You do want to avoid cable with an impedance above 600 ohms, as this could deform the edges of frequencies approaching 1MHZ (for square waves).

Cables lower than 75 ohm become a "bulk" problem as the center conductor can be thick, making the cable tough to bend. Avoid 50 ohm and 25 ohm cables for this reason, and their higher cost.

For a "cleaner" square wave at 1MHZ you can load the end-point with less than 600 ohms, by going down a 100 ohms at a step, but the signal amplitude will drop. You have to decide if signal amplitude is more important than signal quality.

• "50MHZ are very fussy about impedance matching and standing waves" I take it you are dismissing these effects sub 50MHz because of the typical cable length for lab equipment, or is there a different reason? Jun 28 '20 at 6:11
• @P2000 Yes the effects begin before 50MHZ and get worse at higher frequencies. There was no need for a graph to plot out increasing errors with frequency and rise/fall times
– user105652
Jun 28 '20 at 6:48
• @Sparky256 I think what I'll do is try some shielded phono cabling since I have lots. That should be closer to the factory cable impedance while still providing a shield. Shunting a 600 ohm resistor to ground is a good idea and I'll keep those other points in mind. Thank you. Jun 28 '20 at 10:17
• In this frequency range, the signal will not behave as wave, since the wavelength will around 450m for 1MHz. Assuming cable lengths of 2.5m, it is still not an issue. Also I've used many 50Ohm cable which were very flexible and lightweight. Z0 of a coax depends on the ratio of outer and inner diameter, therefore they does not need to have a strong inner conductor. Jun 28 '20 at 12:23

RG59 Coax is 75 Ohms and as I recall 30pF/ft. Twisted pair impedance and pF/ft depend on twists /ft. The fewer twists, the higher the impedance and inductance must be considered as well.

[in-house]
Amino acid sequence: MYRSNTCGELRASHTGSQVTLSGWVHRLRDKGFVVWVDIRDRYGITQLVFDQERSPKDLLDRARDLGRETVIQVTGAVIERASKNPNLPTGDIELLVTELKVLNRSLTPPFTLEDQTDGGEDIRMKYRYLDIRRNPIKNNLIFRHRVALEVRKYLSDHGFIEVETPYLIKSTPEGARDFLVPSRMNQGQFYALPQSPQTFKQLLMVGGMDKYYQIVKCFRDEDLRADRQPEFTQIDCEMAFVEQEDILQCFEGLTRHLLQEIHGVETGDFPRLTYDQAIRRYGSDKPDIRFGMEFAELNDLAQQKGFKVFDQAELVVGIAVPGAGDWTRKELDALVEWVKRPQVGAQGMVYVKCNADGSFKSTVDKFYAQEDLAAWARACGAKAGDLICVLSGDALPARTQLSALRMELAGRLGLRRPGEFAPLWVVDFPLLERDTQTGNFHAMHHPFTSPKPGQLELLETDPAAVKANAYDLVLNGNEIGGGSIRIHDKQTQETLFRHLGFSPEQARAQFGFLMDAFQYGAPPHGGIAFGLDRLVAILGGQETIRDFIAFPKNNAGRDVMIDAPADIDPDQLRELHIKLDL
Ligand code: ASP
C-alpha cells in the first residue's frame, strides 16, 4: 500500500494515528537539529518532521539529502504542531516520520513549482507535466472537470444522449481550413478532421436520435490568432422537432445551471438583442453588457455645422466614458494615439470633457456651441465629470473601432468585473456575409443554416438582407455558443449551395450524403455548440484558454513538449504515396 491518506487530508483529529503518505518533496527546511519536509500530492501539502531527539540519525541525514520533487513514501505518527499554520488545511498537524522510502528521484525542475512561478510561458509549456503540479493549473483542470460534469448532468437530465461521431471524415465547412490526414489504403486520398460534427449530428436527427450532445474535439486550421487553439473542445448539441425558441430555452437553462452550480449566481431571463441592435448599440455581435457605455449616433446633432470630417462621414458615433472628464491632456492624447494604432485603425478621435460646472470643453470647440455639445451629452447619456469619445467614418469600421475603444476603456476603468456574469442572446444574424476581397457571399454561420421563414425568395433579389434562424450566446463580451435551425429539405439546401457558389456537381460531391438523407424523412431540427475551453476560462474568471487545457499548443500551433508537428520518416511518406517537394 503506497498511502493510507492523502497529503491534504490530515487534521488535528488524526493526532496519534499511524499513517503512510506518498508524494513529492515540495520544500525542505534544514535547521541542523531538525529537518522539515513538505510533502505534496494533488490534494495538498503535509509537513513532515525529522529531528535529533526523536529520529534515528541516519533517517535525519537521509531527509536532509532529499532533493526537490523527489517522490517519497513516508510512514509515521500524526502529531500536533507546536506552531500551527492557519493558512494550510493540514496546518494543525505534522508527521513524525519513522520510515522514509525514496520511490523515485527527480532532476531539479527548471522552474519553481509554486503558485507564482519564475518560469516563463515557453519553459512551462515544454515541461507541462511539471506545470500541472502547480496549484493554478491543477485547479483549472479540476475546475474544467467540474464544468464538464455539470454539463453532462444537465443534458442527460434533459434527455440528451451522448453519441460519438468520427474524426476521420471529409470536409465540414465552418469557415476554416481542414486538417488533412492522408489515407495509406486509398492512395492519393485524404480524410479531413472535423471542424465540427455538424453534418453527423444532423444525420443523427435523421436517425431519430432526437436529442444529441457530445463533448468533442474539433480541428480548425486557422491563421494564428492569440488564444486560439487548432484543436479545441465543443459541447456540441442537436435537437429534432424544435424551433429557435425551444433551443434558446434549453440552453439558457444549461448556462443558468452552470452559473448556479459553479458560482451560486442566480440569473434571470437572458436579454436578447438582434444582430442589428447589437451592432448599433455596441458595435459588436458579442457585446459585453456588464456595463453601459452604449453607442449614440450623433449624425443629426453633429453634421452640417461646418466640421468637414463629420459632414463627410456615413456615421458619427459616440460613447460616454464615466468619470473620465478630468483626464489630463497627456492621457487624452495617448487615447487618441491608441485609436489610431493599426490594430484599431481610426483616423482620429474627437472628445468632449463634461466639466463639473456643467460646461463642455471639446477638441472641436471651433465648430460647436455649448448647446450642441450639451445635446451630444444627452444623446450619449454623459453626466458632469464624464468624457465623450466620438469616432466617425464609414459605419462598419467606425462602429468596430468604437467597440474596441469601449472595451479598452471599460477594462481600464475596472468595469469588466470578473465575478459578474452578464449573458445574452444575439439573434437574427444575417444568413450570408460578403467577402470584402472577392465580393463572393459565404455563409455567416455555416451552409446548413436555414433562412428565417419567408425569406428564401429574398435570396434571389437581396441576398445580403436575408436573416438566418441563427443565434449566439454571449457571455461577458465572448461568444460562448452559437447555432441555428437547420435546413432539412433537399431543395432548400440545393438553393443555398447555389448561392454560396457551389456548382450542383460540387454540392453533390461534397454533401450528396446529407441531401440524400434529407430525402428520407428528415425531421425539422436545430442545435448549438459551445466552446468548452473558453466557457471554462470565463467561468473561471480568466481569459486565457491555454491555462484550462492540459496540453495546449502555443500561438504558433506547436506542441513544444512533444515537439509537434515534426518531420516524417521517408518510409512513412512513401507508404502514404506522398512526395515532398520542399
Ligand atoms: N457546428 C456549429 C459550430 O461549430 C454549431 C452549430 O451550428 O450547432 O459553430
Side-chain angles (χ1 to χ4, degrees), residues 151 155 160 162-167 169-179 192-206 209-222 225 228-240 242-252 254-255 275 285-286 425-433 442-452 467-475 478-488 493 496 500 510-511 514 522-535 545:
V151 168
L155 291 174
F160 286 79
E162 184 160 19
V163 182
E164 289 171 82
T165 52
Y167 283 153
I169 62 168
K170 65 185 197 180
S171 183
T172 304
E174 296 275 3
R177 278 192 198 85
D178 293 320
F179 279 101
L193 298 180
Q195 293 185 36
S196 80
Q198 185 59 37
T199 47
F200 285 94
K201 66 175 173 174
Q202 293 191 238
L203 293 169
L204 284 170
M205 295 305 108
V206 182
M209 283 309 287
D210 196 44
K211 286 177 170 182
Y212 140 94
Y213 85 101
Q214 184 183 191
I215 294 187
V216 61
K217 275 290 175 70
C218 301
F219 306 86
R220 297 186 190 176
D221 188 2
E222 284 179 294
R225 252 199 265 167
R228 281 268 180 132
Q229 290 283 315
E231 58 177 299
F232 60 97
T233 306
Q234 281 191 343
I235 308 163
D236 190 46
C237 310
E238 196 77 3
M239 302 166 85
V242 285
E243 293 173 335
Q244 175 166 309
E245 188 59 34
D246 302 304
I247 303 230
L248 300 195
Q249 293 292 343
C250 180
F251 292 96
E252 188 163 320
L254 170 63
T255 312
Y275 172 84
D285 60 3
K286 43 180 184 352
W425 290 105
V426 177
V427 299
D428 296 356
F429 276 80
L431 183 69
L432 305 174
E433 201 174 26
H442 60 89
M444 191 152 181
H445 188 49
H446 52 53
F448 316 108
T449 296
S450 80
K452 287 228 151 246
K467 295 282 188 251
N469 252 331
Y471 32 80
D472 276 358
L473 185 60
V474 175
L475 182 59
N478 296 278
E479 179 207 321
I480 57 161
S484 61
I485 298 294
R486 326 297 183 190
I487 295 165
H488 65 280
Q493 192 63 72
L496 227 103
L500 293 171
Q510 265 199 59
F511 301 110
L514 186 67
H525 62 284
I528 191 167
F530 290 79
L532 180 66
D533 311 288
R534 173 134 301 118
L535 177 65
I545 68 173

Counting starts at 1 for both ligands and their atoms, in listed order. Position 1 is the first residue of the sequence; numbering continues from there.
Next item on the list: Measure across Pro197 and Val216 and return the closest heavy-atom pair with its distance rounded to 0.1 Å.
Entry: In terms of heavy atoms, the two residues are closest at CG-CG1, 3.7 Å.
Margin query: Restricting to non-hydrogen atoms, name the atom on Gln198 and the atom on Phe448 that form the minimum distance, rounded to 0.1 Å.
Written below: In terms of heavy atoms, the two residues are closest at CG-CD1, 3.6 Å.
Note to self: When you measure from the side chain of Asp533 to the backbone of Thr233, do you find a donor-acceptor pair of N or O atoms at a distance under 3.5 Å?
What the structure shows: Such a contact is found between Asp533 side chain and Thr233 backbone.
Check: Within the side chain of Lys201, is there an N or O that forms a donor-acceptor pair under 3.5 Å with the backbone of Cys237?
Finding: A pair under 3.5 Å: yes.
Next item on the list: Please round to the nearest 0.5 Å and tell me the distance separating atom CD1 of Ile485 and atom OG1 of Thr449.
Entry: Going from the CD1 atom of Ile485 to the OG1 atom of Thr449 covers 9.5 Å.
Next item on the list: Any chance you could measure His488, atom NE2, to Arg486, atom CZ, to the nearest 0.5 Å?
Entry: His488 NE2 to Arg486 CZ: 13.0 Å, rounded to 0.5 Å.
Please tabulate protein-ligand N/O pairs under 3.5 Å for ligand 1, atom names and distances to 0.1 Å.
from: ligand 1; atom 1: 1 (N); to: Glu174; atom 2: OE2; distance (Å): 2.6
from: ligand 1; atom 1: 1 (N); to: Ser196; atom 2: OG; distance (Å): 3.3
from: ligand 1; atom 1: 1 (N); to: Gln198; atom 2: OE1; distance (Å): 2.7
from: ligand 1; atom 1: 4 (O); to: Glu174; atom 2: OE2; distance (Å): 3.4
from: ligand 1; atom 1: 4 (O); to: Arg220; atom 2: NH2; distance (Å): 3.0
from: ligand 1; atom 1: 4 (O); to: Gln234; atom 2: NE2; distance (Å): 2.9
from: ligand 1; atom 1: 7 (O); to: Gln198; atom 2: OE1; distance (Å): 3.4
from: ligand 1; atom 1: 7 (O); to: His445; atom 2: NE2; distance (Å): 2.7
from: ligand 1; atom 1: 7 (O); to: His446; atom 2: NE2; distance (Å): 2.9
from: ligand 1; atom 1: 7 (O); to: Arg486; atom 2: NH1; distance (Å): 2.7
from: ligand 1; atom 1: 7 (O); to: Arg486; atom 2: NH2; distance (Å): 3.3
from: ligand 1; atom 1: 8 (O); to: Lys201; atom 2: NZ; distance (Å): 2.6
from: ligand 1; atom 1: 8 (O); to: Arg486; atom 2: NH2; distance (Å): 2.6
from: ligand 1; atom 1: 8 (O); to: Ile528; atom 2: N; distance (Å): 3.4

It becomes a matter of tradeoffs whether you have rounded edges or ringing or attenuation with properly matched RC impedance divider like an 8:1 to 75 Ohms or unshielded wire prone to magnetic pickup or lightly shielded twisted pair with large twists.

• degree of squareness at 1MHz
• length of twisted pair overall
• Keep in mind long scope probe grounds are inductive and will cause apparent ringing . Jun 28 '20 at 11:23
• $Z=\sqrt {\dfrac {L}{C}}$ where L is ~fixed ~5nH/cm but C ~<1pF/cm depends on insulation gap 1/x of paired wires. Remember flat TV Antenna wire ? that gap is 300 Ohms, old phono Coax will be more than 100 Ohms and more likely 75. Twisted pair 8~12 twist/ft is 100~250 ohms depending on wire gap.. But then you can replace whole box with a single CMOS IC with variable f 18V 10 Hz to 1MHz square wave if you wanted. Jun 28 '20 at 12:04
• nice vintage antique. Jun 28 '20 at 12:06
• OK but AWG 22 or 24 spaced like old flatwire TV cable is 300 Ohms, so just use that. Jun 28 '20 at 12:32
• Yes Grounding one side reduces stray hum crosstalk but increases capacitance 60pF/m . So ground it. Jun 28 '20 at 13:32

600 ohm is unrealistic; needs center conductor about the size of an atom, shield with diameter of the universe, from what I heard.

Use the 75 ohm; you are not expecting standing waves, so don't worry.

Regarding achieving 600 ohm COAX is not the same as achieving 600 ohm TWINLEAD. Pole/crossbar mounted telephone cables are twinlead.

• not quite the accurate ratio of diameters for 600 Ohms, but 30pF/1ft Coax is OK = 5kohm @ 1MHz.. but @ 8ft =240pF will attenuate 6dB @ 1MHz and turn a square into a triangle wave Jun 28 '20 at 4:05
• "The first long telephone air lines (two wires on the poles separated from each other at some distance) used to have impedance of around 600 ohms." epanorama.net/documents/wiring/twistedpair.html Jun 28 '20 at 6:17
• A center conductor with a diameter of a human hair and a shield with a diameter of a mile gives a coaxial cable with impedance close to 600 ohms. Jul 20 '20 at 16:15